Direct Torque Control of an Induction Motor Drive
This example demonstrates the speed regulation of a variable-frequency AC drive using a hysteresis-based direct torque control (DTC) technique.
The electrical energy is supplied by a three-phase AC/DC diode rectifier connected to a 460 V, 60 Hz grid equivalent. The DC bus is connected to a three-phase, two-level converter. This converter generates the variable voltage and frequency required for variable-speed operation of the 150 HP induction motor. In addition, a braking chopper is connected to the DC bus in order to dissipate the kinetic energy of the motor during deceleration.
An inverter-fed induction motor drive can be controlled through various techniques depending on application, desired performance, and controller design complexity. Commonly used schemes are scalar control (V/Hz control or open loop flux control) or vector control (field-oriented control or direct torque control). This example uses a hysteresis-based direct torque control (DTC) technique.
Direct Torque Controller
Direct torque control (DTC) is a technique that allows you to instantaneously control the motor magnetic flux and its electromagnetic torque in a decoupled way. Controlling the torque directly permits accurate static and dynamic speed regulation. The main components of the DTC subsystem are:
Flux and Torque Calculation — The stator flux linkage is estimated by integrating the stator voltages, and torque is calculated based on the estimated flux and the motor currents.
Speed Regulator — The regulator compares the actual motor speed with the speed reference and generates the torque reference.
Hysteresis Control — The calculated flux magnitude and torque are compared with the reference values. When the resulting flux or torque error crosses either the positive or negative hysteresis band value, a control signal is activated in order to correct the error.
Optimal Switching — Pulses to the motor inverter are produced based on the control signals generated by the hysteresis control and the stator flux linkage position.
The figure below illustrates the strategy used to determine the best voltage vector when the flux linkage is located in sector 0.
The image shows four cases:
V3 is selected when the electromagnetic torque should be increased and the flux should stay unchanged. Selecting the V3 voltage vector speeds up the flux and thus applies an acceleration torque to the rotor while slightly decreasing the flux magnitude.
V2 is selected when the electromagnetic torque should be increased and the flux should be increased. Selecting the V2 voltage vector slightly speeds up the flux and increases its magnitude.
V6 is selected when the electromagnetic torque should be reduced and the flux should be increased. Selecting the V6 voltage vector slows down the flux and thus applies a deceleration torque to the rotor while increasing the flux magnitude.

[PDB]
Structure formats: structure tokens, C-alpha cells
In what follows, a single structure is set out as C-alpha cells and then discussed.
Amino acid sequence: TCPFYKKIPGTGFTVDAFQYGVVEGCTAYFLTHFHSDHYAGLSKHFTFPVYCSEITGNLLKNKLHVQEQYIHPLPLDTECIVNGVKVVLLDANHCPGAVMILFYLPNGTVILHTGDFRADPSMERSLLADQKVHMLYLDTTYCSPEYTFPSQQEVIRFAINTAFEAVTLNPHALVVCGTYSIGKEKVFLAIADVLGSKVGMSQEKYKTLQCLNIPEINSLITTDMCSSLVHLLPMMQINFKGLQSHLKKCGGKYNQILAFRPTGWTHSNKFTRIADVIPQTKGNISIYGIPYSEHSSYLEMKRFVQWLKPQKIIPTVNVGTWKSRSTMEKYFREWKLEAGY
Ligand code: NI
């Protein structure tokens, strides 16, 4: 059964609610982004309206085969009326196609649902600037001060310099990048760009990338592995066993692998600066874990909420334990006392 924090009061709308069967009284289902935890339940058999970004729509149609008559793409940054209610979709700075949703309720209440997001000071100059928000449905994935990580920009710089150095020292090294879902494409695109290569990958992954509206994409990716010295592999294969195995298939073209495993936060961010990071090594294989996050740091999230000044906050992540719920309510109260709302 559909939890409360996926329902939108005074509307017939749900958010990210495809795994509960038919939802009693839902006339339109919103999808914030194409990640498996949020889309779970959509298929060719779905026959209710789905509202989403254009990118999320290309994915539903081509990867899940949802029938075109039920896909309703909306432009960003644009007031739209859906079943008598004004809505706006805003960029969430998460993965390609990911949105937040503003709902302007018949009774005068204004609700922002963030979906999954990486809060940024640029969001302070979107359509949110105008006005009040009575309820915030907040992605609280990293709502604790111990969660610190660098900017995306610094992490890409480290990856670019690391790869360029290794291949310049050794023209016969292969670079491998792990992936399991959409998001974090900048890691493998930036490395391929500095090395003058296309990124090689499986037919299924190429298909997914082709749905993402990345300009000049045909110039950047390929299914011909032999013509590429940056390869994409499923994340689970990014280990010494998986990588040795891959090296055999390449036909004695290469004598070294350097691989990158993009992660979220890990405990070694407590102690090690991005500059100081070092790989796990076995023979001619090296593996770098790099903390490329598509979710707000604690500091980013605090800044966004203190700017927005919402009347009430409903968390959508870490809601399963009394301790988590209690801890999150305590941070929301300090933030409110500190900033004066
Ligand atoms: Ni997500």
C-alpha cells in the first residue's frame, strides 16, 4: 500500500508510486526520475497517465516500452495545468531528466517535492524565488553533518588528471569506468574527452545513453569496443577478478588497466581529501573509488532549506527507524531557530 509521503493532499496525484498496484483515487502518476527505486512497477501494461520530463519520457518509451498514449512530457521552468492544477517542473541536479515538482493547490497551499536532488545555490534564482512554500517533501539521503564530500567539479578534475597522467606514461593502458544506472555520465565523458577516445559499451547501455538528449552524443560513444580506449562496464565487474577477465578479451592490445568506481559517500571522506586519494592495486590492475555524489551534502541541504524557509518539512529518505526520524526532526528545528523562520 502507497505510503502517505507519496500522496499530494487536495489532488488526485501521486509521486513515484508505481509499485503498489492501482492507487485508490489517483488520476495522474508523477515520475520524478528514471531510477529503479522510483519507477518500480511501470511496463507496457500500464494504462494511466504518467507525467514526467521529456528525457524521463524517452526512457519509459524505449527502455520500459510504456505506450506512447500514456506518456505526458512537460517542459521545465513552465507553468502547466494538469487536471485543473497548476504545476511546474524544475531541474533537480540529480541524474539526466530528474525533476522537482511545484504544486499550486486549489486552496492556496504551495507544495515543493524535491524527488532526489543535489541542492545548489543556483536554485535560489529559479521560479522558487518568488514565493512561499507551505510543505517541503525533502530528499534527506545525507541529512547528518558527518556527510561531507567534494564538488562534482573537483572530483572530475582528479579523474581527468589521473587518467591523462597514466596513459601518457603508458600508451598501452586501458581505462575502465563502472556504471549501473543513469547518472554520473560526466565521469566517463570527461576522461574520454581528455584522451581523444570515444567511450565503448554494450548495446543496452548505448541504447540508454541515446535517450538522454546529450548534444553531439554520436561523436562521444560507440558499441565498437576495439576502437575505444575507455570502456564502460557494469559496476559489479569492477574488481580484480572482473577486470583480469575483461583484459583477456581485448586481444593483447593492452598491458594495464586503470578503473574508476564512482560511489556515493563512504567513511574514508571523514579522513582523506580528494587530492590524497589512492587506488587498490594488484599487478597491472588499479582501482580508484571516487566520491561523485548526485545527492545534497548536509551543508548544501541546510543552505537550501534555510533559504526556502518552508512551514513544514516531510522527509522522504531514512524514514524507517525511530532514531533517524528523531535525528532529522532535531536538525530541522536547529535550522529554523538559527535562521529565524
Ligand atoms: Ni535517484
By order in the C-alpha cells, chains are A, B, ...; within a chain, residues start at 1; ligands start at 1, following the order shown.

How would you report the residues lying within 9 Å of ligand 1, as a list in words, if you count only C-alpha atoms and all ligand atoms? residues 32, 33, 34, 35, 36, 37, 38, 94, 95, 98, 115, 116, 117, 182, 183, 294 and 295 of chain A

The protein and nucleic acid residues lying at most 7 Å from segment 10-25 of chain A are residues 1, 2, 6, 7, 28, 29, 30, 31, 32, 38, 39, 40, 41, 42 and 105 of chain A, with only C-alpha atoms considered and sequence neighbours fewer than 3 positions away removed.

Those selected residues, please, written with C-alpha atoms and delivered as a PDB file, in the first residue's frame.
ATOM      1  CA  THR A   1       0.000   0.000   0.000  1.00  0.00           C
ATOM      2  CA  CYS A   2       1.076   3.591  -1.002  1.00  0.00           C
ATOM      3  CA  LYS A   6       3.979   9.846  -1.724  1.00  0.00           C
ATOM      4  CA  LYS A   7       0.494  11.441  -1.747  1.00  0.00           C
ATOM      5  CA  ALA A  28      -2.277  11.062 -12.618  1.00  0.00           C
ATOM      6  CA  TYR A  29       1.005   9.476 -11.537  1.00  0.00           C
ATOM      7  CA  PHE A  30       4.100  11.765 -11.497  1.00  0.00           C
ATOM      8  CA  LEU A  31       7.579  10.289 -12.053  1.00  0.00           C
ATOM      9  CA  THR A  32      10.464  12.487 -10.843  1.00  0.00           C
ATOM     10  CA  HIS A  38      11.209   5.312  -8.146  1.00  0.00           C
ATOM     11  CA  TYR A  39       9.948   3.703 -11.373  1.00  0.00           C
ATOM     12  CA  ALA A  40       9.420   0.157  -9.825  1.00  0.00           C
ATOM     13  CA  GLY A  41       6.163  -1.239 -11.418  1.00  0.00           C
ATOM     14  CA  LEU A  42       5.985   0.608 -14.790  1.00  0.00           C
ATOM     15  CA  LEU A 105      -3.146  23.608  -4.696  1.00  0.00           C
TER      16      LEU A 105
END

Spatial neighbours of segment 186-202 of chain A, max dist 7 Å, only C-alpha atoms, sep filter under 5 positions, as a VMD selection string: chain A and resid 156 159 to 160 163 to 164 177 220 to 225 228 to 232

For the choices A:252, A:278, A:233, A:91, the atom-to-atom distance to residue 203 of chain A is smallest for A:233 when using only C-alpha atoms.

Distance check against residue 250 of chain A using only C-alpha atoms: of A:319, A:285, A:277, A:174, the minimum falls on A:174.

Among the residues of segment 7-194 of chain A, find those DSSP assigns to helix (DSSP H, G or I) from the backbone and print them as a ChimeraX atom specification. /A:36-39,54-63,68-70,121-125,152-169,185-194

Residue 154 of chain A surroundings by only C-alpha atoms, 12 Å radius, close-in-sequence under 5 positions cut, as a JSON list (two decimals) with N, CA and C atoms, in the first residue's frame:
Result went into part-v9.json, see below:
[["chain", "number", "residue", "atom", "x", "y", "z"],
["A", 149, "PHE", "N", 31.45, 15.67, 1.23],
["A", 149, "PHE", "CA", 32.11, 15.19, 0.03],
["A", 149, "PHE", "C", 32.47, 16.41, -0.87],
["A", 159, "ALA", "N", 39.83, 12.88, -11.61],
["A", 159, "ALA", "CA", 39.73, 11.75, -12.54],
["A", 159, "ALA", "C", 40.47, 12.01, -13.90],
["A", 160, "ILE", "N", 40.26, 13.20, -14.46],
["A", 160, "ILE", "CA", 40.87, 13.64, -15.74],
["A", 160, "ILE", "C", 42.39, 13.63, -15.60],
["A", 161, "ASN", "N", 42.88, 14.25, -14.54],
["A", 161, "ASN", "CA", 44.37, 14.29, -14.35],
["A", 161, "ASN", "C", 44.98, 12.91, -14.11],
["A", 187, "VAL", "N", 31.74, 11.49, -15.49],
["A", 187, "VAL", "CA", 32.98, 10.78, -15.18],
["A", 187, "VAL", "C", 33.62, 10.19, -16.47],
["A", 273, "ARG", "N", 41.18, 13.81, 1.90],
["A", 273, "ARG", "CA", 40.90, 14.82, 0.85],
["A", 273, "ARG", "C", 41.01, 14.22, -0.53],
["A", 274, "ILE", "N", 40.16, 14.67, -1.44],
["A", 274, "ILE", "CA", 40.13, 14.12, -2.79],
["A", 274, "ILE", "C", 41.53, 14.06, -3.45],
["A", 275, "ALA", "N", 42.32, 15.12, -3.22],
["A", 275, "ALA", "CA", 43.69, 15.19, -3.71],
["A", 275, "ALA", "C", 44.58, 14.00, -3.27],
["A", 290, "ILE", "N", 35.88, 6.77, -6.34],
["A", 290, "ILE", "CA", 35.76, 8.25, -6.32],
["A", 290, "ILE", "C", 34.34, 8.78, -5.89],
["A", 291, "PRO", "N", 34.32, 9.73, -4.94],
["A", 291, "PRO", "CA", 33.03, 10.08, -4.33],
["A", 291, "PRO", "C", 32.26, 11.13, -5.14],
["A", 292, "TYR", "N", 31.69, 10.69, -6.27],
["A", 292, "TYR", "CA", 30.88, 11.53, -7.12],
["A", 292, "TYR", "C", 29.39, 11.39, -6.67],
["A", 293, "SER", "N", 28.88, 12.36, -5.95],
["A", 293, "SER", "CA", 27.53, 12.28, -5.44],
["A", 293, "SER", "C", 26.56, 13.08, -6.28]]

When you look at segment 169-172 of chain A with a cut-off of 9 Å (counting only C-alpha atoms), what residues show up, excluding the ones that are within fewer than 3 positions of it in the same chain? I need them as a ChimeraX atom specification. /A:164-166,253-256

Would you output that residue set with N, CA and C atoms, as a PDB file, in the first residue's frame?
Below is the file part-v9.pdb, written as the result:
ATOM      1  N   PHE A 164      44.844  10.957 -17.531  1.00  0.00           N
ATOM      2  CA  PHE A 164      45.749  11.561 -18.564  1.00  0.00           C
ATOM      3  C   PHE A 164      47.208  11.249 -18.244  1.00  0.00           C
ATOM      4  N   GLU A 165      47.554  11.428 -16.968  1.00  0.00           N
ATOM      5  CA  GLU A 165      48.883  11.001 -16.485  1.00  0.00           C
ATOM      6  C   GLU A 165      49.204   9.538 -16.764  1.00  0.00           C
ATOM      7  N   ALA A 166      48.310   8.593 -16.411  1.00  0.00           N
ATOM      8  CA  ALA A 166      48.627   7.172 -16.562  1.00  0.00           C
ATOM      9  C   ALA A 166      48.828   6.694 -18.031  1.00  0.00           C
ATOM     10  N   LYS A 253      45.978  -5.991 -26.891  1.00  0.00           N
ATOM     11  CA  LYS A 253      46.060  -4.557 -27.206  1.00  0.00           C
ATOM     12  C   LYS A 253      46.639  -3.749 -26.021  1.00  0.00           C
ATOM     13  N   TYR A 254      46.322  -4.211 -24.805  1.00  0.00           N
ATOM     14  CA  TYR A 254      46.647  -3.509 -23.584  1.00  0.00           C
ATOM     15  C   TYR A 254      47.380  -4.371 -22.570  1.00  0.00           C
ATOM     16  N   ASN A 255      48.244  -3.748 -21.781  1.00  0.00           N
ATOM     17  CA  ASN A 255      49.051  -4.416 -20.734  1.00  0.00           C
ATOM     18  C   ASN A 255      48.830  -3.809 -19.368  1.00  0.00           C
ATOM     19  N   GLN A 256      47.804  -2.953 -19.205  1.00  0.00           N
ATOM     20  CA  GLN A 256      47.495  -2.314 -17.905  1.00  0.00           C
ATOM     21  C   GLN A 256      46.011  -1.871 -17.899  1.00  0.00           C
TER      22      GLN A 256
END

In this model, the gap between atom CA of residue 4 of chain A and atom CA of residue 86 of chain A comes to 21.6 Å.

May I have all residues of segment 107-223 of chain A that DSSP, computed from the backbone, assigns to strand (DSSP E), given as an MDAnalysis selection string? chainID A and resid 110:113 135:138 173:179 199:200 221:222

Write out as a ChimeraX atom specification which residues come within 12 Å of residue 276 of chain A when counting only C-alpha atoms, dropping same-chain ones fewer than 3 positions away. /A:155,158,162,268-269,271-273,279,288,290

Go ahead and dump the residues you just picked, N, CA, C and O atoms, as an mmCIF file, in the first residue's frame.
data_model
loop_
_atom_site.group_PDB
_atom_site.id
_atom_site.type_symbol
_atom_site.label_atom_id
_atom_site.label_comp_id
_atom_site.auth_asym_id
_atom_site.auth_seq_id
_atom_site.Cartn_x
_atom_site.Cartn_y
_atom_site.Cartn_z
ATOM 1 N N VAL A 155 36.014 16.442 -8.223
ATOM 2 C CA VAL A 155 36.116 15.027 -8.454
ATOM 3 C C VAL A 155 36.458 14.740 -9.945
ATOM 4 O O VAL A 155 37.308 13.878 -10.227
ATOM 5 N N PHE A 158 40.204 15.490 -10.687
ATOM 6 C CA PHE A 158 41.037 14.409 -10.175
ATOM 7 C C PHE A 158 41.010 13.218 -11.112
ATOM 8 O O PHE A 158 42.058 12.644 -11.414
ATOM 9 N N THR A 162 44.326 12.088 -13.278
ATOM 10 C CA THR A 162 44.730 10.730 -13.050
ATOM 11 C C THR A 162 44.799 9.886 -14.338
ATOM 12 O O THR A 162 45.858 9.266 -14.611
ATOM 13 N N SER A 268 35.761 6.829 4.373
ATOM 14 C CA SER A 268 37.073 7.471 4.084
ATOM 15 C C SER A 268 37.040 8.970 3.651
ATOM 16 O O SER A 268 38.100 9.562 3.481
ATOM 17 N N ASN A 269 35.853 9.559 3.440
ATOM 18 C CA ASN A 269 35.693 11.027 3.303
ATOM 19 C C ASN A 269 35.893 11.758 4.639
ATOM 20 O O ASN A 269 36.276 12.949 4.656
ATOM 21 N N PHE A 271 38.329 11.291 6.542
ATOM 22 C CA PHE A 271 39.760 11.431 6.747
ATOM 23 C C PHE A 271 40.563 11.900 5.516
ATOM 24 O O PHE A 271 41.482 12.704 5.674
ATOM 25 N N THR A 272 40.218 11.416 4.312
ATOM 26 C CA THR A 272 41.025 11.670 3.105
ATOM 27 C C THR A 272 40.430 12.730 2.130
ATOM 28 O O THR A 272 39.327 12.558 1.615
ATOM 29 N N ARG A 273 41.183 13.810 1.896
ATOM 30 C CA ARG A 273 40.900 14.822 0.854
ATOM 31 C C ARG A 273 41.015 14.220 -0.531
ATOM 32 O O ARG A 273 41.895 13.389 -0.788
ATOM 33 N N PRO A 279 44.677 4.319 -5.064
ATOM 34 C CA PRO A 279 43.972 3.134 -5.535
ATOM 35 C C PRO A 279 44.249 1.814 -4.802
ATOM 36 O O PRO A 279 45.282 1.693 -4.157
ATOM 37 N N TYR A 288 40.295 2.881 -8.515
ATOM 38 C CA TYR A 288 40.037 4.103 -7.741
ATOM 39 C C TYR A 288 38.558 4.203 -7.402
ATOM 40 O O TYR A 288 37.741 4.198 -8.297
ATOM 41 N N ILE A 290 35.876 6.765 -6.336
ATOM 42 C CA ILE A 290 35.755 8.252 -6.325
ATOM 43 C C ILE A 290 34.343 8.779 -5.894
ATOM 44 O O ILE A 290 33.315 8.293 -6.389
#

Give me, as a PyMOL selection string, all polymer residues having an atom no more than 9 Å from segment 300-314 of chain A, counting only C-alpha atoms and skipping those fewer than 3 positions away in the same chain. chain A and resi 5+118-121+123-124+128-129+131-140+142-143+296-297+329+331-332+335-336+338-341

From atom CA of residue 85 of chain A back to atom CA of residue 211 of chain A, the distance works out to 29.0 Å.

V5 is selected when the electromagnetic torque should be reduced and the flux should stay unchanged. Selecting V5 the voltage vector applies a deceleration torque to the rotor and slightly decreases the flux magnitude. Note that voltage vectors V1 and V4 are not selected in sector 0. Using these two vectors would have too much negative impact on the desired flux value. Finally, to keep the torque and the flux unchanged, the null voltage vectors V0 or V7 are selected.
When the flux linkage vector moves to sector 1, the selected voltage vectors become V4 for case 1, V3 for case 2, V1 for case 3, and V6 for case 4, and vectors V2 and V5 are not used. This 60 degree shift in the voltage vectors happens each time the flux linkage vector enters a new sector.
Run the simulation and observe the waveforms on Scope2. Initially, the flux reference is set to 0.9 V.s.
At 0.1 s, the speed reference is set to 1500 RPM and the motor starts to accelerate. The motor speed precisely follows the speed reference, whose maximum rate of change is limited to 1200 rpm/s. The 1500 RPM set point is reached at 1.35 s.
At 1.5 s, a load torque of 500 N.m is applied to the motor. The DTC control operates to maintain the motor speed at 1500 RPM.
At 2 s, the load torque is reduced to 50 N.m and at 2.5 s, the speed reference is reduced to 500 RPM. Observe on Scope 1 that the braking chopper operation dissipates the kinetic energy produced by the motor in order to avoid overvoltage on the DC bus. Finally, at 3.5 s, the flux reference is increased from 0.9 to 1.0 V.s.
If you have Simulink Real-Time and a Speedgoat target computer, you can run this model in real time.
Open the Configuration Parameters window (or press Ctrl+E ), click Code Generation , and set System target file to
Connect to the target and, in the Real-Time tab, click Run on Target.
Your model will then be automatically built, deployed, and executed on the target. Depending on your target streaming bandwidth, you may have to reduce the number of signals transferred in real-time from the target to the host computer.
1. M. Cirrincione, M. Pucci, G. Vitale. Power Converters and AC Electrical Drives with Linear Neural Networks. CRC Press, 2012
2. Technical guide No. 1 Direct torque control – the world’s most advanced AC drive technology, ABB 2011
3. T. Wildi, G. Sybille. Électrotechnique (4th edition). Les Presses de l’Université Laval, 2005.